Did you know that the Hindi language has over 300 million native speakers, making it the fourth most spoken language in the world? In addition to that, there are over 400 million people who speak at least some Hindi, meaning that the number of Indian consumers who have the potential to see your advertisements increases dramatically when you translate your marketing materials into Hindi. However, some businesses fail to grasp this fact and instead force themselves to try and market their services in English because they don’t understand that most Indians simply aren’t comfortable enough with English to read an entire article Hindi 18 News or watch an entire video without getting confused.

Impact of technology

In recent years, there has been a huge shift towards consuming media online. Over time, consumers have become comfortable reading articles, watching videos, and listening to audio content on their computers and smartphones. As technology has advanced, it has become increasingly easier for journalists to create rich multimedia content that is attractive to audiences. In India especially—where internet penetration is relatively low compared to other countries—most people access news through websites or mobile apps rather than newspapers. This means that Indian media companies (both digital-first upstarts as well as legacy newspapers) can use multimedia content like infographics or video reports to get more eyeballs on their stories than ever before. And consumers seem very responsive!

Impact on traditional media

The local language news revolution may be having an impact on traditional media outlets. There’s been a steady decline of television viewership over recent years, attributed to increasing internet usage, with as many as 3 million people abandoning their TVs every month. However, while people might not be watching traditional TV news, they are still reading newspapers – that’s been a key part of why websites such as Google News India have done so well. Almost 2 out of every 3 English newspaper readers accessed their daily reads via news aggregators like Google instead of going directly to paper sites or apps. In comparison, less than 1 out of every 10 Hindi newspaper readers did so.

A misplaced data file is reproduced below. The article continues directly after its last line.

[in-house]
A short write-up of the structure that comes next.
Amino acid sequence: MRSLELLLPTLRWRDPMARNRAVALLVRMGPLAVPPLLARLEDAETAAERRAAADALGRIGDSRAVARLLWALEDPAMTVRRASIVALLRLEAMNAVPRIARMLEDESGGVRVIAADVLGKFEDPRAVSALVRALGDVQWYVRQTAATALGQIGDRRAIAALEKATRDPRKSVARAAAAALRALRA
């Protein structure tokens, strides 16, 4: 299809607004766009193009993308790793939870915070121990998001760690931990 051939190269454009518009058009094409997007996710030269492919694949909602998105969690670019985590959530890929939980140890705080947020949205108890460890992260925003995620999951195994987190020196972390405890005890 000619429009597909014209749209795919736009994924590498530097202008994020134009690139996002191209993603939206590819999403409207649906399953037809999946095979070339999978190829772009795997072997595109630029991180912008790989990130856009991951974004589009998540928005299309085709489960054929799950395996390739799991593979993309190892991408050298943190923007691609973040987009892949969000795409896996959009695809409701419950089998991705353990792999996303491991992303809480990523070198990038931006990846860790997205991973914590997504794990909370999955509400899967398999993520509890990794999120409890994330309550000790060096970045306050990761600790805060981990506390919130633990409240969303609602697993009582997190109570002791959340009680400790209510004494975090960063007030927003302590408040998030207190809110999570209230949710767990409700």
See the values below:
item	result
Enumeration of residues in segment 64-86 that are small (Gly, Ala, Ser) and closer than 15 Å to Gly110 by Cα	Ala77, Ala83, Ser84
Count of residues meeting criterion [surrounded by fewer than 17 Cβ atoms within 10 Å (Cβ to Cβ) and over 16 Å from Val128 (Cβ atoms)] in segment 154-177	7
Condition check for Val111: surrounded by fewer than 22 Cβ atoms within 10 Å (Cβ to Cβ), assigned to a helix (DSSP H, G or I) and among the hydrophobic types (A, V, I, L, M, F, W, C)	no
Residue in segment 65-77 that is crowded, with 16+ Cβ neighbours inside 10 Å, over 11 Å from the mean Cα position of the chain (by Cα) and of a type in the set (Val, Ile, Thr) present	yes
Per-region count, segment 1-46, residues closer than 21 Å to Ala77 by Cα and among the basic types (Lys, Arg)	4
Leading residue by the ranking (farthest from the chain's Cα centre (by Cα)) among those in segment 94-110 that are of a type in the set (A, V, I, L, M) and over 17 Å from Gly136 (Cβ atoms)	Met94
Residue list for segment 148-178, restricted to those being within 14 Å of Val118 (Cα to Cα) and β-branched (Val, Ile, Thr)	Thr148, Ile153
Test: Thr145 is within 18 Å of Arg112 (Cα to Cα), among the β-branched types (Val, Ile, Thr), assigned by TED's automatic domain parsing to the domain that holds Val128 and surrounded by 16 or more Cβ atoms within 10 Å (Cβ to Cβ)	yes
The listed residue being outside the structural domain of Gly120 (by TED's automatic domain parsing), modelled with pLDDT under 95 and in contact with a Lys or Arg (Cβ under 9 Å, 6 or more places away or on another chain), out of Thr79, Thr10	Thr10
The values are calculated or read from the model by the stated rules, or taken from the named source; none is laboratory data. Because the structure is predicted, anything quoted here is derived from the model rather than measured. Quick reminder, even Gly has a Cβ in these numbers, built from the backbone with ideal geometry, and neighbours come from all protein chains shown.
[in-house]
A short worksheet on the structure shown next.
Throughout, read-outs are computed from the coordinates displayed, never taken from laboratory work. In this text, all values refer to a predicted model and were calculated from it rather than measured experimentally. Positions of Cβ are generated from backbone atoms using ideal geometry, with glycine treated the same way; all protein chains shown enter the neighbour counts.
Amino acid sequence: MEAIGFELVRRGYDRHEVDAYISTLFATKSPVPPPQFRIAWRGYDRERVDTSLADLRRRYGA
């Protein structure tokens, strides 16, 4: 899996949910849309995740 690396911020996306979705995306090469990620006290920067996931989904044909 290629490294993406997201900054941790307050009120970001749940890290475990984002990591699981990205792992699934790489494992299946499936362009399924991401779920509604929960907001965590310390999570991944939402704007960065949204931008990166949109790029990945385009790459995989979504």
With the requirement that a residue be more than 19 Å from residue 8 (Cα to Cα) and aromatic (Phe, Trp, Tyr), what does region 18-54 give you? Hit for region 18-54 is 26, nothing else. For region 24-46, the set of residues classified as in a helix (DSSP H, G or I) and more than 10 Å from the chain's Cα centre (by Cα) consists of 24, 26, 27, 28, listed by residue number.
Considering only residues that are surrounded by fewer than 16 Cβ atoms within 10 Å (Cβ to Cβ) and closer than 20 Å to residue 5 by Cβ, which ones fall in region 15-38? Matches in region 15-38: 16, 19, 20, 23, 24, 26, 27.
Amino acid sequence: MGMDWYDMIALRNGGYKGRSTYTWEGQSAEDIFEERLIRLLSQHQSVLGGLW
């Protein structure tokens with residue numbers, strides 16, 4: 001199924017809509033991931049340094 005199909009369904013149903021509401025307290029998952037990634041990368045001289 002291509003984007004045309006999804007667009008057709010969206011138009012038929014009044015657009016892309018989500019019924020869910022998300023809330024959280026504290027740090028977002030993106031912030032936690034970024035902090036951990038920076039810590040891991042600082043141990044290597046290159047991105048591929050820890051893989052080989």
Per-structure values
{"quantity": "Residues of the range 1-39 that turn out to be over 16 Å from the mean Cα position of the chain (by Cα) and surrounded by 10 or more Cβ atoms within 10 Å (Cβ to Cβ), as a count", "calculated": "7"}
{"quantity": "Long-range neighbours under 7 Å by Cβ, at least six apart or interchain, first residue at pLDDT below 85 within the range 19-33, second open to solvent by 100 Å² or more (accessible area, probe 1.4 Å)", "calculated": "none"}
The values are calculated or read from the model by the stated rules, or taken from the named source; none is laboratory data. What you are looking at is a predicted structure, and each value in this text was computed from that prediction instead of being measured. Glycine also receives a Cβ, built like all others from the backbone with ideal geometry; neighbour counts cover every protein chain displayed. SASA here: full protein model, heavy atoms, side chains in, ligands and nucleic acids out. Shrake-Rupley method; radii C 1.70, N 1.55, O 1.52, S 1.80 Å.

Impact on society

The growing affluence of many urban Indian households is producing a trend towards a greater focus on family time at home, according to a recent survey conducted by AVG. The survey shows that after work hours, people prefer to spend time with their families rather than in front of computers or televisions. This is great news for readers of Hindi newspapers like Dainik Jagran and Amar Ujala, who see a surge in circulation numbers every day. In fact, many companies offer loyalty discounts to office employees who choose to buy these papers as an alternative entertainment source while they unwind at home instead of tuning into cable news channels or checking out online news sites from foreign countries.

Ways to profit from it
(1) Tell a compelling story that helps your readers to understand why it’s important to them (2) Make sure you have great data (3) Put it out there; be clear about your opinion on where you think things are going. People will call out BS more quickly than they did five years ago. So, don’t spin data, just provide context and let people decide for themselves. Just make sure you’re telling a story that’s relevant today . . . not one written last year. Give people an answer for how things might change over time – not just today, but tomorrow as well. And tell people what they can do about it now…rather than focusing solely on what will happen later.